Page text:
Chrome OS updated with on-screen keyboard – is a Chrome OS tablet coming?

April 9, 2014

    Chromebook-Pixel-aa

    Amid speculation of an incoming Chrome OS tablet, Google updated today its cloud-based operating system with an on-screen keyboard and several other features.

    The stable channel of Chrome OS was updated to version 34.0.1847.118, which brings bug fixes, performance improvements, and a few interesting new features. Among the highlights of the update, Google’s Chrome team mentions:

    • The ability to dock windows or panels to the sides of the screen;
    • Offline Google Drive backup will be enabled automatically for all users after first login;
    • The addition of an on-screen keyboard;
    • Sticky keys, which allows users to perform keyboard shortcuts by pressing one key at the time, instead of simultaneously.

    The addition of the on-screen keyboard has been long in coming, with the first clues of the feature being spotted in development channels more than a year ago. So, while its arrival is no surprise, it seems a bit odd that Google would bother to add an on-screen keyboard in Chrome OS for use with a touchpad or a mouse. More likely, Google is prepping Chrome OS for the arrival of touch-enabled Chromebooks or, possibly, of a Chrome OS-powered tablet.

    “A touch more connected.”

    That leads us to a report from ZDNet that mentions an Acer event scheduled for late April that could see the introduction of the first ever Chrome OS tablet. The argument is the tagline of the event invitation, which reads “A touch more connected.”

    Is Acer teasing a Chrome OS tablet? It’s hard to tell for sure, but ZDNet’s reasoning makes sense. One of the biggest Chromebook makers, Acer is one of the two OEMs that Google chose to launch the concept back in 2011, along with Samsung. While not very successful in the tablet business, Acer has the expertise to create a competitive Chrome OS tablet, and, because its Android tablets are lagging, the incentive to try new things.

    But then again, Acer could simply be referring to a touchscreen-equipped Chromebook or something unrelated.

    One thing is sure for now – Google is building up Chrome OS for touch devices, and it’s only a matter of time before the first such device hits the market. Several other touch-oriented features spotted in the Chrome OS source support this theory.

    Whether this class of devices will be successful or not is an entirely different discussion. The biggest question is – why would you pick a Chrome tablet over an Android one?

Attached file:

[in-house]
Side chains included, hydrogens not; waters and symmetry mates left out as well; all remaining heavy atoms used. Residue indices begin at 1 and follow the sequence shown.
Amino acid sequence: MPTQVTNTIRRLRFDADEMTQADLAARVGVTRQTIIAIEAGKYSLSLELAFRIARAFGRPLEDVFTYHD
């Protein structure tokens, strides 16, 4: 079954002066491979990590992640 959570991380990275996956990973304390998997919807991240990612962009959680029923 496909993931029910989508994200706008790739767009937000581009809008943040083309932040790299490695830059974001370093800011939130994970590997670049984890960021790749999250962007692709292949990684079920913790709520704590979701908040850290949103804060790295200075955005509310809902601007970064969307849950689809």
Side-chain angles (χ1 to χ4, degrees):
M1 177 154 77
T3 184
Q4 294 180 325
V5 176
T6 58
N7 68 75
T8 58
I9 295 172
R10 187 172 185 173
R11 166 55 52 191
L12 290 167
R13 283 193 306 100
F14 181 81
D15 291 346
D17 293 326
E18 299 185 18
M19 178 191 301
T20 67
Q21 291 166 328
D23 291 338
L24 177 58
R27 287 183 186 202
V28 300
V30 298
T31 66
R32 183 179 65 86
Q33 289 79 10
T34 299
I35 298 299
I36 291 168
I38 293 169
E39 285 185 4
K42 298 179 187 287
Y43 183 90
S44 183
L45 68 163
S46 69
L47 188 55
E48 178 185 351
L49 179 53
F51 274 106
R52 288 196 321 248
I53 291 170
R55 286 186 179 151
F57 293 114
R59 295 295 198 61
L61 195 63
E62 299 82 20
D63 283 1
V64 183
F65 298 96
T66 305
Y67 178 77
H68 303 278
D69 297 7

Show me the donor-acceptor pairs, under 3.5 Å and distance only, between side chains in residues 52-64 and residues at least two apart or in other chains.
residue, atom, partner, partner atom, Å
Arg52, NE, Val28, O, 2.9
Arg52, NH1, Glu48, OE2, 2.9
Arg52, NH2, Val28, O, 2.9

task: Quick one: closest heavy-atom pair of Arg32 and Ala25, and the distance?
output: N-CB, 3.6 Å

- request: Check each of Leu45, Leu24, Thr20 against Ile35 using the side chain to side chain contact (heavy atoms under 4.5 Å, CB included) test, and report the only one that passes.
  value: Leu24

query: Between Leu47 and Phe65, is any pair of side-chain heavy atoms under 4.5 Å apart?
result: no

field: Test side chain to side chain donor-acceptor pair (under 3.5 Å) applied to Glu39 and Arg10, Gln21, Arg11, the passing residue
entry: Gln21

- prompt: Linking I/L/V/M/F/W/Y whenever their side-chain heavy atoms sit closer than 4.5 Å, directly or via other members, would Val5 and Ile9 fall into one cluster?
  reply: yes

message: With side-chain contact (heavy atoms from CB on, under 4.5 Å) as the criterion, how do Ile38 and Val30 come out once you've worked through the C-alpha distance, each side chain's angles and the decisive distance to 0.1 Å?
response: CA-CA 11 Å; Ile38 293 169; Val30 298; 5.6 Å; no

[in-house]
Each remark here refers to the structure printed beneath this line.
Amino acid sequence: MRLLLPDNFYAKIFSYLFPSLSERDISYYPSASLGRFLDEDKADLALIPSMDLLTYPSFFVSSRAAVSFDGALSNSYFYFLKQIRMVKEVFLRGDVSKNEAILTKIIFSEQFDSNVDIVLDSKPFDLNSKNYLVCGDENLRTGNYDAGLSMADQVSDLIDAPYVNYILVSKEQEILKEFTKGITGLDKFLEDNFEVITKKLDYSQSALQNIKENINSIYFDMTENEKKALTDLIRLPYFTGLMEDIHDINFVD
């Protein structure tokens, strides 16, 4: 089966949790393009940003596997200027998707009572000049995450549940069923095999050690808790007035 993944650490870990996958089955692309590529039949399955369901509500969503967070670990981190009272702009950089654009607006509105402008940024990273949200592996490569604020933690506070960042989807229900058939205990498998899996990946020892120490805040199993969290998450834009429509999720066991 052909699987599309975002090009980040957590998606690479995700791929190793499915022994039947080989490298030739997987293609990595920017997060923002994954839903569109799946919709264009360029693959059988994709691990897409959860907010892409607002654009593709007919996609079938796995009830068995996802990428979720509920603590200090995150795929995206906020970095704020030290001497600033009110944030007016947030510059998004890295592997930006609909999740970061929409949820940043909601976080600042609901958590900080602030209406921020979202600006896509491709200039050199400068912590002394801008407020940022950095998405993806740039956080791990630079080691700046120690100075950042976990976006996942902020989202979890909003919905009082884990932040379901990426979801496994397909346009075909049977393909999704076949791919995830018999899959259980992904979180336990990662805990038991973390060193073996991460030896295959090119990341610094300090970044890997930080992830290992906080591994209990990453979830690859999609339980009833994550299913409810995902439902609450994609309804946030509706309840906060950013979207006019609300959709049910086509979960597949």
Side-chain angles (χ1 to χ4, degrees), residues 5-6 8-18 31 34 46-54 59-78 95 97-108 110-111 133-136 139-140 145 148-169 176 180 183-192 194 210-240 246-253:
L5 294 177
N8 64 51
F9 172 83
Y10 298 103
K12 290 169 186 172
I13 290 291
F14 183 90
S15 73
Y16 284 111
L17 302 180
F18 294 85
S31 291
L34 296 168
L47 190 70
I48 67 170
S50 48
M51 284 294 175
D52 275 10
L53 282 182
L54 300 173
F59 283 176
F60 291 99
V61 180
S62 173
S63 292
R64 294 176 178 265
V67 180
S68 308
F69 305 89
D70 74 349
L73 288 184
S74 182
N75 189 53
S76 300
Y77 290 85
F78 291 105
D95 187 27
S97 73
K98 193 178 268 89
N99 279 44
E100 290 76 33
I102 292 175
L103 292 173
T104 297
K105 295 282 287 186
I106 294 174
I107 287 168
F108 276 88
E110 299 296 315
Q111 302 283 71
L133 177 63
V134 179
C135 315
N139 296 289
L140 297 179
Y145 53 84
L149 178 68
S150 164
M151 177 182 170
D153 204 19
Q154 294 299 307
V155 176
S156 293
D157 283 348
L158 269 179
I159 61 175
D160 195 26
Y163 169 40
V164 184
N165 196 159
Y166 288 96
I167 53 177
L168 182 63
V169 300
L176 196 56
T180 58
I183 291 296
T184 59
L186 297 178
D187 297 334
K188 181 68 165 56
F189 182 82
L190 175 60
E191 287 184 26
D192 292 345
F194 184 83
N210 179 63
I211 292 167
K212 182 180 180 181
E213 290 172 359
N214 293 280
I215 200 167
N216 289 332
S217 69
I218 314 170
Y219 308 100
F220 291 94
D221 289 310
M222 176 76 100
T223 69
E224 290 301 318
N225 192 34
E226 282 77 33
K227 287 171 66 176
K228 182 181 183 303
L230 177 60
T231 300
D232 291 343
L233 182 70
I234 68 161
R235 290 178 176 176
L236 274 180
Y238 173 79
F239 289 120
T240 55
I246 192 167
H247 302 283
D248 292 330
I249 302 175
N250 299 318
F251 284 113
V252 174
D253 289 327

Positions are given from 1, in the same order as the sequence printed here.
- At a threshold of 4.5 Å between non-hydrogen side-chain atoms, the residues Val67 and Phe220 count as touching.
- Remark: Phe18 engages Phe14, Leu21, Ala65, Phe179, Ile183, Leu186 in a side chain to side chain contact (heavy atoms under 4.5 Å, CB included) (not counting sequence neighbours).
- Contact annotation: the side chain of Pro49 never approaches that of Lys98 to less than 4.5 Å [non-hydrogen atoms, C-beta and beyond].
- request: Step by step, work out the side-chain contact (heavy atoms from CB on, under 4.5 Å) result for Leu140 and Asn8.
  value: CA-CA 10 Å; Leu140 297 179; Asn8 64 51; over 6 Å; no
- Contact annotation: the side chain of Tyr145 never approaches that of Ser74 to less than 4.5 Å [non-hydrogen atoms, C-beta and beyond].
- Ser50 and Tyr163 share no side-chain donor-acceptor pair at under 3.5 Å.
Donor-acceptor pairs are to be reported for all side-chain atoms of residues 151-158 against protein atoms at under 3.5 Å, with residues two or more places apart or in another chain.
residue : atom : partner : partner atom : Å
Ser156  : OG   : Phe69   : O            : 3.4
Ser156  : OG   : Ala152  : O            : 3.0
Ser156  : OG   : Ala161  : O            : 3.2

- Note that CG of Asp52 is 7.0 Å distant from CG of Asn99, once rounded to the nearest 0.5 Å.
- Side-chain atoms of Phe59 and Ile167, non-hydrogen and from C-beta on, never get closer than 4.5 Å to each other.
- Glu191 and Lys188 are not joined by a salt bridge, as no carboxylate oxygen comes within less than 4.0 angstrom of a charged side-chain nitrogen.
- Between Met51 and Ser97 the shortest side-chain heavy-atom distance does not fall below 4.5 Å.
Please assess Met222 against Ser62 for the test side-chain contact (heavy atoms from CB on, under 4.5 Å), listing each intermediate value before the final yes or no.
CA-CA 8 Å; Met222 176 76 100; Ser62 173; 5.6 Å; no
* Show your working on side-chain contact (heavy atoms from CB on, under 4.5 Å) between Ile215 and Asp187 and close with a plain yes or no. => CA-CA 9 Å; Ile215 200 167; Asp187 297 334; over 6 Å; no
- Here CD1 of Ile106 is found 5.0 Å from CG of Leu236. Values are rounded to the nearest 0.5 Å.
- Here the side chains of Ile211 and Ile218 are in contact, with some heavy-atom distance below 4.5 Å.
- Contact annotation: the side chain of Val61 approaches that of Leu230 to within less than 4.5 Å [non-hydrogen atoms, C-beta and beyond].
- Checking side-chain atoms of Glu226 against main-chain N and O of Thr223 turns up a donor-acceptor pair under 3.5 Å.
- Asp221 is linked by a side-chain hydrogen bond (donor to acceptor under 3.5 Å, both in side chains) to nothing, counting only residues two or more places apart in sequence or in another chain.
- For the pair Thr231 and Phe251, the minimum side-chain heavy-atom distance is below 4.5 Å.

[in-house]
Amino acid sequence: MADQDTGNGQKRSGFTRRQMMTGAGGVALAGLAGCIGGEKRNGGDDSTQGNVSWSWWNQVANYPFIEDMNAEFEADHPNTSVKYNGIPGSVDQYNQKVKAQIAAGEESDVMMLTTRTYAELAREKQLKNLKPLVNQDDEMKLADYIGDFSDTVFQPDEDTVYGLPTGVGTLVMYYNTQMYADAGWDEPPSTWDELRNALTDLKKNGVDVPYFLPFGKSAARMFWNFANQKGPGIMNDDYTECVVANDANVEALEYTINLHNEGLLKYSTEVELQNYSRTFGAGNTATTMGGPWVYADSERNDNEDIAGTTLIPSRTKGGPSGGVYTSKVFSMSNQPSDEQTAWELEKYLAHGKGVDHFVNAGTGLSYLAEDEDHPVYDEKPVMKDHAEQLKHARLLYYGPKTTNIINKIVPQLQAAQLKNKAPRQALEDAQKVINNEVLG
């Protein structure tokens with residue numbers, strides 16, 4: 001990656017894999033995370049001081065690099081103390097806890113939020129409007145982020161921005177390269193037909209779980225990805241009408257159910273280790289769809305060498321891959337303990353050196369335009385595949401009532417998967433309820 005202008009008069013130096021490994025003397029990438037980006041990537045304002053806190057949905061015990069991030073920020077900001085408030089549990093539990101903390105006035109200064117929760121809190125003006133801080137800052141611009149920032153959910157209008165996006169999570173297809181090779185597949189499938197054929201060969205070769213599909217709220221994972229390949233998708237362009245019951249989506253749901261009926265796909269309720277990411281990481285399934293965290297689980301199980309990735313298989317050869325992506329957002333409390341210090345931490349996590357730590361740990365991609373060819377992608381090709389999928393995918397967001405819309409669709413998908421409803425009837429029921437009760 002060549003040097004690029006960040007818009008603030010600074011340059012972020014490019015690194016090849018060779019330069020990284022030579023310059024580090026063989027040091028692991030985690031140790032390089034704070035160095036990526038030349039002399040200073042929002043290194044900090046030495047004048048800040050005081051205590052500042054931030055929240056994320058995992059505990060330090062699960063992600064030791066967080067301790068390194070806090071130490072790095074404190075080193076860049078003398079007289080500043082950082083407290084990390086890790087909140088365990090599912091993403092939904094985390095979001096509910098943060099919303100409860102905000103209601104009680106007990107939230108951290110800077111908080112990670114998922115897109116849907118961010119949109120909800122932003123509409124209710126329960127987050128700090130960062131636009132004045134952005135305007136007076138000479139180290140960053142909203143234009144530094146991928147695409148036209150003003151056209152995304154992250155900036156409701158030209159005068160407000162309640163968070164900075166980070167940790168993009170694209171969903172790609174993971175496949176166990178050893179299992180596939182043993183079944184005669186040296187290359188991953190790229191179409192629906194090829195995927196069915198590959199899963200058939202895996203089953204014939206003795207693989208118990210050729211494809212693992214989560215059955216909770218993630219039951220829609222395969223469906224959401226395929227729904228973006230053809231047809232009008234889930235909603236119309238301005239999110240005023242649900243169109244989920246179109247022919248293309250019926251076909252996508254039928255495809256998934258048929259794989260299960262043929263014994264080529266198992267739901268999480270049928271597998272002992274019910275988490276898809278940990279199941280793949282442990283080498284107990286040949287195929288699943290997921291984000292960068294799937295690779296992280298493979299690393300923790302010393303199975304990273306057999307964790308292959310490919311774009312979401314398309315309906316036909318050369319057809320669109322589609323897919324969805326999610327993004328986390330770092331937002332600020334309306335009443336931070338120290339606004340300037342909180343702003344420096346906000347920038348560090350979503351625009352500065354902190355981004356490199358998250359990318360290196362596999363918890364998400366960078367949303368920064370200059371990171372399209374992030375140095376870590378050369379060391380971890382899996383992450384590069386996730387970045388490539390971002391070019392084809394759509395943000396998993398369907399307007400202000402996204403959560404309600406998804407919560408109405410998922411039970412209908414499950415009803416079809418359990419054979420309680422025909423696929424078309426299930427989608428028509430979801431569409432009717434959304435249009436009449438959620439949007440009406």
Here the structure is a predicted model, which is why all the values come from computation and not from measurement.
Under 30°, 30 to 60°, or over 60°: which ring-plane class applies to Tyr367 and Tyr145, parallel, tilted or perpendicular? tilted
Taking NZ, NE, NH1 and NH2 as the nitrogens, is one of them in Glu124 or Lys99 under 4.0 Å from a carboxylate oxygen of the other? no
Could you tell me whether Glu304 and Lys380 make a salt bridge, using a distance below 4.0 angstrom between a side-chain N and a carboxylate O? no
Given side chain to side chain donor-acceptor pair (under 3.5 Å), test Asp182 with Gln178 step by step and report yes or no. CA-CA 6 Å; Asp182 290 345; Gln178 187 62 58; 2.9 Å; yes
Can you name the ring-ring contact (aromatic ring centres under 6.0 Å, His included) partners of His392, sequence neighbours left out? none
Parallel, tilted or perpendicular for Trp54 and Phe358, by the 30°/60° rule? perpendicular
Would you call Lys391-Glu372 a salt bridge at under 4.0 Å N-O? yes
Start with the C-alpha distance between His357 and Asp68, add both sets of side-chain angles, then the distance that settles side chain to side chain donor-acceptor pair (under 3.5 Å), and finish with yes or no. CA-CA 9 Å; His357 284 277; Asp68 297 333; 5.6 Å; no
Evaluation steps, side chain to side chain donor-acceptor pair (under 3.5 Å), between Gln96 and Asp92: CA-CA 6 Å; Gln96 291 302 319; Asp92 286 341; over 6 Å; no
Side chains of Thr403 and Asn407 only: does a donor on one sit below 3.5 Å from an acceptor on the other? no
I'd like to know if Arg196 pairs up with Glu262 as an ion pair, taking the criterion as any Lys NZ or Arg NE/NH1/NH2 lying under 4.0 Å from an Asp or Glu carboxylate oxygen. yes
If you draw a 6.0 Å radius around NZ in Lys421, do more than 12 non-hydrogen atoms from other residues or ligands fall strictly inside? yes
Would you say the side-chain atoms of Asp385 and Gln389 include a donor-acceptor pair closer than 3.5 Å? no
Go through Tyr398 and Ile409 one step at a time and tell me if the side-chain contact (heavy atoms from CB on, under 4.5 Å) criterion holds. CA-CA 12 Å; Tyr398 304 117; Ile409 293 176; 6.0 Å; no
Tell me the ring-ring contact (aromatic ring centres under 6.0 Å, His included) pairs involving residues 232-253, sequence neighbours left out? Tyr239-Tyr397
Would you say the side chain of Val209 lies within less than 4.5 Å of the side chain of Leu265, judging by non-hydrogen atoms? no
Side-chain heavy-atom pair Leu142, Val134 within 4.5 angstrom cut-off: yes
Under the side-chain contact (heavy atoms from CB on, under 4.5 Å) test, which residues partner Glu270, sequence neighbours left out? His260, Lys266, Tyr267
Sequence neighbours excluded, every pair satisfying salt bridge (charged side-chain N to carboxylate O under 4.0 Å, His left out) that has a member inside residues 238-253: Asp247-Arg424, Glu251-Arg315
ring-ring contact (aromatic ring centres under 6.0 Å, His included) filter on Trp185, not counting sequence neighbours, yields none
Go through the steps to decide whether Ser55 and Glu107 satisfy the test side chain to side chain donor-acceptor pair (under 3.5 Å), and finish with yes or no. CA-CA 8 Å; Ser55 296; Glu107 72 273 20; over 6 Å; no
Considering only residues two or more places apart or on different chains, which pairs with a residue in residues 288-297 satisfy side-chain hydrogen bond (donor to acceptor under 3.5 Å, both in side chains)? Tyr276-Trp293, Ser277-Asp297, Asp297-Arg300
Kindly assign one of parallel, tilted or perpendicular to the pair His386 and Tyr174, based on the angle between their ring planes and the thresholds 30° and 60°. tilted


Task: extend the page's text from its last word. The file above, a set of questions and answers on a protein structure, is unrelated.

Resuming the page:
Comments

    • Jayfeather787

      I don’t really care for a touchscreen chrome OS. A chrome OS tablet might as well run Android because Chrome OS is more for computers and laptops than tablets and phones. Also Google, I want a laptop, not some dinky little touchscreen tablet with a tablet OS and a keyboard. Google! Give us the option to go into the BIOS/UEFI on the chromebooks and allow us to install other operating systems. Linux Mint/Ubuntu/Zorin/Puppy Linux/Fedora/OpenSuse/Suse/Arch/every other awesome linux distro FTW!

      • MasterMuffin

        Debian >:|

        • Jayfeather787

          That too.

      • Andrew J.

        You can always go dual boot with chrubuntu or crouton since Chrome OS is based off of some Linux architecture (:

    • Tjaldid

      just support android apps make it availible to everyone and conquer the PC Market

    • NCI

      Really? A new onscreen keyboard makes you think of a chrome os tablet… Havent you considered that maybe this is another sign that Android and Chrome are merging???

      • http://AndroidAuthority.com/ Bogdan Petrovan

        When you hear hoofbeats, think of horses not zebras. Android and Chrome may be merging, but the immediate and more likely possibility is simply that they are putting out a Chrome OS tablet or at least a Chrome OS touch laptop.

    • Adriann

      Chromebook with the form factor of the Asus Transformer line or T100.

      Detachable keyboard that has a battery that will extend battery life when docked.

      Please make it happen.

    • Jeff Kang